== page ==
Now in its second year, artignite is an arts celebration that showcases more than 40 film, dance, theatre and visual art presentations featuring students and members of the Kingston cultural and arts community, and offers Kingston and visitors to Kingston a great opportunity to celebrate art in all forms.
artignite is an eclectic mix of shows, exhibitions, concerts and art activities on the Queen’s University campus and in downtown Kingston.
Dr. Peter Loock, Bithun Sarkar (Eng. Chem. 2011) and Tragically Hip guitarist Paul Langlois demonstrate the “Photonic Guitar” in a 5 min clip shown by the Discovery Channel. Paul plays a custom-built acoustic guitar made by Dagmar Guitars (luthier: Pete
Swanson). The “Photonic Guitar” is interrogated with laser light and is equipped with 7 fiber-optic sensors which act as pick-ups for the vibrations of the guitar body.
For more information and to watch a short video, please visit the Department of Chemistry website found here.
Students aren’t the only people who come to Queen’s on exchange.
Waseda University staff members Kunito Koizumi and Takako Ota enrolled last semester in the 12-week English for Academic Purposes (EAP) program offered by the Queen’s School of English (QSoE). The Japanese visitors also volunteered at the Faculty of Arts and Science International Programs Office (IPO).
Three Queen’s researchers and collaborators at seven other Canadian universities have received $16.6 million over five years for research supporting automobile software systems.
KINGSTON, ON – This week, Queen’s University’s School of Computing will host the Ontario Celebration of Women in Computing. The first in Canada held under the U.S. Grace Hopper Celebration of Women in Computing (GHC) umbrella, it brings together students, faculty, and professionals from around the province.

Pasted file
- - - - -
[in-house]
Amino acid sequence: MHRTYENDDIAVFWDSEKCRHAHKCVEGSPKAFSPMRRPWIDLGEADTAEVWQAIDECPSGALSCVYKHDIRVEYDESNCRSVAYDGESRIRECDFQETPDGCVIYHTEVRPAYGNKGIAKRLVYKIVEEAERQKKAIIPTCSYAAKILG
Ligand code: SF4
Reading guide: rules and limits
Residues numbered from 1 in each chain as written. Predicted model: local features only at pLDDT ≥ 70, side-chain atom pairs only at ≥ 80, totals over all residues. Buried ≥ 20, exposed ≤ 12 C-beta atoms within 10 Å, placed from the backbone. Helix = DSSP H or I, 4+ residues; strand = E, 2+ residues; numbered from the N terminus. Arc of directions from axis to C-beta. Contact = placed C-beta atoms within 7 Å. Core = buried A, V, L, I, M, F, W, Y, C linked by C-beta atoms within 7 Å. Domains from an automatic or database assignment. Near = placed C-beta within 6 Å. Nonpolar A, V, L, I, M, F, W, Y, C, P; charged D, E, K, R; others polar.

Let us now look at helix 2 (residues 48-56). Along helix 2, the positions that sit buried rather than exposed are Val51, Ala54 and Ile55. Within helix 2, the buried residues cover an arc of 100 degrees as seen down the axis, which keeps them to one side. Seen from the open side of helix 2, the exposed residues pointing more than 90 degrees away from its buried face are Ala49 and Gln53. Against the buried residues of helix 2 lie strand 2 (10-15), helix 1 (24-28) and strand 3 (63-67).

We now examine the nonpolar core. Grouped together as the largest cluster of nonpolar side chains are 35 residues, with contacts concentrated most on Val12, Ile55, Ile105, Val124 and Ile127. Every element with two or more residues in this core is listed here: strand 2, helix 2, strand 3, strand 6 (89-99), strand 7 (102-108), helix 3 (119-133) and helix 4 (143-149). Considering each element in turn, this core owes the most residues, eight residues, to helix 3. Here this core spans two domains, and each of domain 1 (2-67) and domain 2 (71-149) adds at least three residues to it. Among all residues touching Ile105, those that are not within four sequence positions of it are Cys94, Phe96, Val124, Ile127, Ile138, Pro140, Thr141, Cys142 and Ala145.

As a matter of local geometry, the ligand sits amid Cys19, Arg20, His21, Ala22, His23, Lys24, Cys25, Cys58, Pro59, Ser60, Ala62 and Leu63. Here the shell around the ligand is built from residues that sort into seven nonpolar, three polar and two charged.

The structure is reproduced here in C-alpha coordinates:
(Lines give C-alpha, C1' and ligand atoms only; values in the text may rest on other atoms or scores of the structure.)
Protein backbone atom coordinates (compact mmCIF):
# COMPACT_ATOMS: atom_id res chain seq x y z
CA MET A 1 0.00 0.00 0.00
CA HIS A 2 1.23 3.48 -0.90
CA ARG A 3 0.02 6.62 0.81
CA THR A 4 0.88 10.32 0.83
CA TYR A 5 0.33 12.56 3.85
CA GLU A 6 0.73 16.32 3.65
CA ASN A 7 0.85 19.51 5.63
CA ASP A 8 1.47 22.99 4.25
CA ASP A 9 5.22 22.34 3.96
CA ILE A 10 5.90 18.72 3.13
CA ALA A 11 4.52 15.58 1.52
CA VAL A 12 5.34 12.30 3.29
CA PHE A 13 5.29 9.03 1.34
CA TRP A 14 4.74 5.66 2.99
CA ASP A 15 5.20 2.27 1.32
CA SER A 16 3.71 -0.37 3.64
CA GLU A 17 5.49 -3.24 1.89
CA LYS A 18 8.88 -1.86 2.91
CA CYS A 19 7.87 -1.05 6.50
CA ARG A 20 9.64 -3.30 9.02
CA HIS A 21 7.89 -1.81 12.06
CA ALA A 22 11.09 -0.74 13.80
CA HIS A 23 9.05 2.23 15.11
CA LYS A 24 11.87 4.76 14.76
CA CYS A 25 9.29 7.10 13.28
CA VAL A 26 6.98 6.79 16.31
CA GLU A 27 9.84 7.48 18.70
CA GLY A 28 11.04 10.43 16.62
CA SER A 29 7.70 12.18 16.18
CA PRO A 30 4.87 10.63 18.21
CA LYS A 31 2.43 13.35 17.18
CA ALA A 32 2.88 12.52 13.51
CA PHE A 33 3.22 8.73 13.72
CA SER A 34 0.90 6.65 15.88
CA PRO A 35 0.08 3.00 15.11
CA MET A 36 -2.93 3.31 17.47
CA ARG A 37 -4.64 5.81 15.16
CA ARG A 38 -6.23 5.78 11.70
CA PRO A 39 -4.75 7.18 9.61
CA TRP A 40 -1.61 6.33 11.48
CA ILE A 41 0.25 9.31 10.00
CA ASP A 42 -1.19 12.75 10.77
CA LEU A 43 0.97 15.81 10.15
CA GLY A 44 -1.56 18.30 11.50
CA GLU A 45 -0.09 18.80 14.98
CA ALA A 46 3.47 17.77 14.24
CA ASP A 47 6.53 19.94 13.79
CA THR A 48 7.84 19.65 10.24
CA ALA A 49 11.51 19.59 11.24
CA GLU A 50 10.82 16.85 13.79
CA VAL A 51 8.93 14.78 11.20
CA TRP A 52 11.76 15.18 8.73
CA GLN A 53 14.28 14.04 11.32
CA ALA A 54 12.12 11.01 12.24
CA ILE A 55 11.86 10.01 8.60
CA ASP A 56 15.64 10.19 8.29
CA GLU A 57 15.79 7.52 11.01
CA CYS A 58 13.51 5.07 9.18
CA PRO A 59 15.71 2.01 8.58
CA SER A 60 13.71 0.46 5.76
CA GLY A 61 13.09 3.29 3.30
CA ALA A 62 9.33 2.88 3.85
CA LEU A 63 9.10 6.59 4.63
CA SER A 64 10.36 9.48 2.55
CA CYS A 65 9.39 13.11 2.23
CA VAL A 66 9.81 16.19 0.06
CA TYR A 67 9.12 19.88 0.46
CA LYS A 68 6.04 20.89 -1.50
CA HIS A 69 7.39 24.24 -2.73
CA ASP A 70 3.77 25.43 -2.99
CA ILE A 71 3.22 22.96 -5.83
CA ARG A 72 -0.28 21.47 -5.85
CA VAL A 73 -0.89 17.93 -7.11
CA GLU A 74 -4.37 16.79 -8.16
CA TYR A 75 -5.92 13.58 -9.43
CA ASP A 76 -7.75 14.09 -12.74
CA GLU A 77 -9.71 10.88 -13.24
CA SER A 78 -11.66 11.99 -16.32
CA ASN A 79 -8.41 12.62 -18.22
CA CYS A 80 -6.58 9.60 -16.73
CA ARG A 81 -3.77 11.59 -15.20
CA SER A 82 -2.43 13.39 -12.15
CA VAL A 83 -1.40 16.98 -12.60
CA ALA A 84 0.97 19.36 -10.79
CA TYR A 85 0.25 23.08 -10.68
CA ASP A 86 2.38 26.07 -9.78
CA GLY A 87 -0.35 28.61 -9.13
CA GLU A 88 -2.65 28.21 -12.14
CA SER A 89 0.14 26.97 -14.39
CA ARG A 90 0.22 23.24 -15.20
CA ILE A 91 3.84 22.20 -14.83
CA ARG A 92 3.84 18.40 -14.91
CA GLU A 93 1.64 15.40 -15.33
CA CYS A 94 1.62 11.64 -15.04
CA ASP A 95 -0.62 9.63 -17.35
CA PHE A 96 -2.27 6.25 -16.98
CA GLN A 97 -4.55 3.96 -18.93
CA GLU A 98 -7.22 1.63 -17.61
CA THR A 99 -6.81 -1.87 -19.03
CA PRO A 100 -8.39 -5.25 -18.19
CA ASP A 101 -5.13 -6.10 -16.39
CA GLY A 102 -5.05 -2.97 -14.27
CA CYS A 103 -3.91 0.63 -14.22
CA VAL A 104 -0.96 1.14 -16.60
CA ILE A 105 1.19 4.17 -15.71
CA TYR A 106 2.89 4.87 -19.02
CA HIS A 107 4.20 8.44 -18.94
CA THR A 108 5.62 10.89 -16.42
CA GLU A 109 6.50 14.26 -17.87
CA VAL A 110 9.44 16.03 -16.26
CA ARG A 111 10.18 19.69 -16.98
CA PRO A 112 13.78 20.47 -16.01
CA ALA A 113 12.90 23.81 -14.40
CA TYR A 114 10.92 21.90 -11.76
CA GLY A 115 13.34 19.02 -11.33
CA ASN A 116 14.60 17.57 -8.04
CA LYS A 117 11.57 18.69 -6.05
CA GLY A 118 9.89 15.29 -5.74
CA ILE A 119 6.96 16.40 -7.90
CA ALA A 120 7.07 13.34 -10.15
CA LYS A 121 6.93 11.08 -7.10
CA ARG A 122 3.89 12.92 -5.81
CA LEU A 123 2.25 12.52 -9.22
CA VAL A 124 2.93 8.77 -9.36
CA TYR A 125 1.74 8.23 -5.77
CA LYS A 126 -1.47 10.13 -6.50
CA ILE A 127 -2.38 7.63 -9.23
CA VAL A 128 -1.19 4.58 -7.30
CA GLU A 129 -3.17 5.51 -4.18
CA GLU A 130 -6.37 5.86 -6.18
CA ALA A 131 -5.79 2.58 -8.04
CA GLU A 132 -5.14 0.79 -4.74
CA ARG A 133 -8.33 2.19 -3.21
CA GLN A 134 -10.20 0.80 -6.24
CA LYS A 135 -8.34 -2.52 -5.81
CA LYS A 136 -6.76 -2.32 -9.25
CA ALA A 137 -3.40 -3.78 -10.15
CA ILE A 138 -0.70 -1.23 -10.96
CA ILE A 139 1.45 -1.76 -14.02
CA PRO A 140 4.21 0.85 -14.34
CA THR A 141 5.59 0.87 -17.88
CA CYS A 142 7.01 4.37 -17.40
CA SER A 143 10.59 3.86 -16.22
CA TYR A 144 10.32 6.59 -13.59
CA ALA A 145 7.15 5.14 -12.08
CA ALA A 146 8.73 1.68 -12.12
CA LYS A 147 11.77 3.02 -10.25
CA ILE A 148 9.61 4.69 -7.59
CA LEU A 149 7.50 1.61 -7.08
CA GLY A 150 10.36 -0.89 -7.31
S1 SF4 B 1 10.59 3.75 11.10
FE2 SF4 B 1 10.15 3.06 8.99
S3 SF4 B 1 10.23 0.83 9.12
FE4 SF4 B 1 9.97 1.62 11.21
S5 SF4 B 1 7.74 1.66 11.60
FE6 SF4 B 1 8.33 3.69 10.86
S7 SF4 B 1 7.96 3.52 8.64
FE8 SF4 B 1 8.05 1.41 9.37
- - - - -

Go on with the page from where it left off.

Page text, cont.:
Q-CHeM CHRONICLES - Ten years ago, the Walkerton tragedy shocked Canadians into a whole new level of awareness of drinking water quality. In the wake of this event, Stephen Brown’s research group set about developing a new technology for detecting bacteria in water. In a classic story of serendipity, they had already been working on fibre-optic sensors for detecting aromatic compounds as part of a study of impacts of contaminants on fish.
Anne Godlewska (Geography) and Brian Frank (Engineering and Applied Science) are using video-captured lectures this year as part of an ongoing pilot project.
“The willingness of Professors Godlewska and Frank to innovate allows us to investigate the potential use of technology to help students learn and rethink how we engage with students in and outside the classroom,” says Andy Leger, Educational Developer at the Centre for Teaching and Learning, who spearheads the project.
Dr. Robert Morrison of the Faculty of English has been nominated for a top British literary award for his biography of Thomas De Quincey, The English Opium Eater: A Biography of Thomas De Quincey.
“I am gobsmacked,” Morrison said in a news release. “Being shortlisted for the oldest literary prize in Britain seems impossible. I am absolutely elated.”
Two Queen’s research projects looking at improved outcomes for joint surgery have received National Science and Engineering Research Council (NSERC) funding. James Stewart and Randy Ellis (School of Computing) each received close to $300,000 over the next three years.